Statistical Package for the Social Sciences (SPSS) was used by way of Excel Add-in,
one-way analysis of variance (ANOVA). The findings of the study are that during
developmental processes, the psychological reactions of the leaders should be
mentored. The limitations of the study are; (1) there may have been inflation of
variance effects of the relationship between psychological measures and self-ratings of
leadership behavior, and (2) there may be delays in the recognition of changes in
leaders behaviors by peers, team members, and supervisors. It is recommended that
future research be performed to clarify the relationship between change in self-efficacy,
change in perspective taking, and change in transformational leadership behavior.

Understanding and applying the framework of annotated bibliographies are not enough, and
not only in a scholarly application. Also required are the understanding of statistics, its
concepts, and applications. To understand this weeks assignment, one must understand
statistical fundamentals: the types studies, population, samples, instruments, data analysis and
its various toolkits, and the limitations and recommendations of the studies themselves. It is
now clear in this assignment, why courses and degreed programs have prerequisites and why
the various programs are structured the way they are.

Bentahar, O., & Cameron, R. (2015). Design and Implementation of a Mixed Method Research
Study in Project Management. Electronic Journal Of Business Research Methods, 13(1), 315
Delice, A. (2010). The Sampling Issues in Quantitative Research. Educational Sciences: Theory
And Practice, 10(4), 2001-2018
Delost, M. E., & Nadder, T. S. (2014). Guidelines for Initiating a Research Agenda: Research
Design and Dissemination of Results. Clinical Laboratory Science, 27(4), 237-244
Liden, R. C., Wayne, S. J., Chenwei, L., & Meuser, J. D. (2014). Servant Leadership and Serving
Culture: Influence on Individual and Unit Performance. Academy Of Management Journal,
57(5), 1434-1452. doi:10.5465/amj.2013.0034
Mason, C., Griffin, M., & Parker, S. (2014). Transformational Leadership Development.
Leadership & Organization Development Journal, 35(3), 174-194.
Hagan, T. L. (2014). Measurements in Quantitative Research: How to Select and Report on
Research Instruments. Oncology Nursing Forum, 41(4), 431-433.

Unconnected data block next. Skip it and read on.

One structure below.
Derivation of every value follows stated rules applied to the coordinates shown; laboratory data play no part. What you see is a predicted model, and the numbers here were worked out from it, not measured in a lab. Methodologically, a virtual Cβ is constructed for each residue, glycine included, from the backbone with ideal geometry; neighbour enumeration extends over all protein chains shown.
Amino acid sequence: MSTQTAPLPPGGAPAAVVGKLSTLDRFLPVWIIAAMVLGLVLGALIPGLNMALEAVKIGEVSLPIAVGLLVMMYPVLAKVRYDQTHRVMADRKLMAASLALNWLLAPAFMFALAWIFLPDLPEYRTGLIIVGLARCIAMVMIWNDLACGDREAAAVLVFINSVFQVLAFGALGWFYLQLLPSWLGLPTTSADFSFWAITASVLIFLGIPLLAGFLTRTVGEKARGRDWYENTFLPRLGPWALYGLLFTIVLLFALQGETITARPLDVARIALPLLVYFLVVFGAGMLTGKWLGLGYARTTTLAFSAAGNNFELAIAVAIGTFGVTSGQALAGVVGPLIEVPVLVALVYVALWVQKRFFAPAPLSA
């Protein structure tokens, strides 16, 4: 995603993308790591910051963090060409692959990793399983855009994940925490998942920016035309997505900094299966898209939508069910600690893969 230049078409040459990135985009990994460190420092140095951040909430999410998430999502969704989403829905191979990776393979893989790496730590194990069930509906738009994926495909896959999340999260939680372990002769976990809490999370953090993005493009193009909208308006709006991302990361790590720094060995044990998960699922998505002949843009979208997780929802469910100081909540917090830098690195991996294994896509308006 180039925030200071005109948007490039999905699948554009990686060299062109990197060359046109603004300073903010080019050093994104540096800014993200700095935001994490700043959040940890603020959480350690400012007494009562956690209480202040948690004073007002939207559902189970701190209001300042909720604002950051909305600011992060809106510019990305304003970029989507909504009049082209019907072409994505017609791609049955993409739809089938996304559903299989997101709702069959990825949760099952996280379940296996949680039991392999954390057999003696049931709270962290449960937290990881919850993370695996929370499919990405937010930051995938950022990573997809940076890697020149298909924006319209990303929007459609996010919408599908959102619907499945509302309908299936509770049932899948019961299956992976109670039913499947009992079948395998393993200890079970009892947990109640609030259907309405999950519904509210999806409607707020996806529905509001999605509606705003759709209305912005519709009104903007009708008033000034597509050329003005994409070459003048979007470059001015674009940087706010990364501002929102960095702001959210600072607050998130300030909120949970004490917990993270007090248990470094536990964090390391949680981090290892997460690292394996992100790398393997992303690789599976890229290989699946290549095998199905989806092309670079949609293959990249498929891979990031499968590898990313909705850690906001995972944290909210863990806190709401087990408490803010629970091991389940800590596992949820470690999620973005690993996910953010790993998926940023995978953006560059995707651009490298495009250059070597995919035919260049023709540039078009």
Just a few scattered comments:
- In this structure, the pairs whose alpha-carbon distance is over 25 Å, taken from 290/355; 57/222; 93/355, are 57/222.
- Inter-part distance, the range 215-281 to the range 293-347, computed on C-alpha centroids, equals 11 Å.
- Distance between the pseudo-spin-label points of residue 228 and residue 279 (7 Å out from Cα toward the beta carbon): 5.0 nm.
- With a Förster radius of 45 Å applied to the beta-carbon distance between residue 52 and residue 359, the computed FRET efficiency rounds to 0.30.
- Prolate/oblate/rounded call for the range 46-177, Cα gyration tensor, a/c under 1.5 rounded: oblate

Harland, N., & Holey, E. (2011). Research and Learning Methodologies Including open-ended
questions in quantitative questionnaires--theory and practice. International Journal Of
Therapy & Rehabilitation, 18(9), 482-486
Ingham-Broomfield, R. (. (2016). A Nurses' Guide to Mixed Methods Research. Australian
Journal Of Advanced Nursing, 33(4), 46-52.
Landrum, B., & Garza, G. (2015). Mending fences: Defining the Domains and Approaches of
Quantitative and Qualitative Research. Qualitative Psychology, 2(2), 199-209.
Muenjohn, N., Jun, I., Yusuke, S., & Chhetri, P. (2015). Leadership, Design Process, and Team
Performance: a Comparison Between the Japanese and Australian R&d Teams. Journal of
Developing Areas, 49(6), 489-496

Overeem, K., Wollersheim, H., Driessen, E., Lombarts, K., van de Ven, G., Grol, R., & Arah, O.
(2009). Doctors Perceptions of Why 360-Degree Feedback Does (Not) Work: A
Qualitative Study. Medical Education, 43(9), 874. doi:10.1111/j.1365-2923.2009.03439.x
Park, J., & Park, M. (2016). Qualitative versus Quantitative Research Methods: Discovery or
Justification?. Journal Of Marketing Thought, 3(1), 1-7. doi:10.15577/jmt.2016.03.01.1
Retrieved from
Retrieved from
Quantitative. (2004). In et. al. et al., A dictionary of sociolinguistics. Edinburg, UK: Edinburgh
University Press. Retrieved from
Qualitative/quantitative. (2007). In Z. O'Leary, The social science jargon-buster. London, UK:
Sage UK. Retrieved from
Mixed methods research. (2010). In A. Powers, Dictionary of nursing theory and research. New
York, NY: Springer Publishing Company. Retrieved from
Venkatesh, V., Brown, S. A., & Sullivan, Y. W. (2016). Guidelines for Conducting Mixed-methods
Research: An Extension and Illustration. Journal Of The Association For Information
Systems, 17(7), 435-495
Wester, K. L., Borders, L. D., Boul, S., & Horton, E. (2013). Research Quality: Critique of
Quantitative Articles in the "Journal of Counseling & Development". Journal Of
Counseling & Development, 91(3), 280-290
Yilmaz, K. (2013). Comparison of Quantitative and Qualitative Research Traditions:
Epistemological, Theoretical, and Methodological Differences. European Journal Of
Education, 48(2), 311-325. doi:10.1111/ejed.12014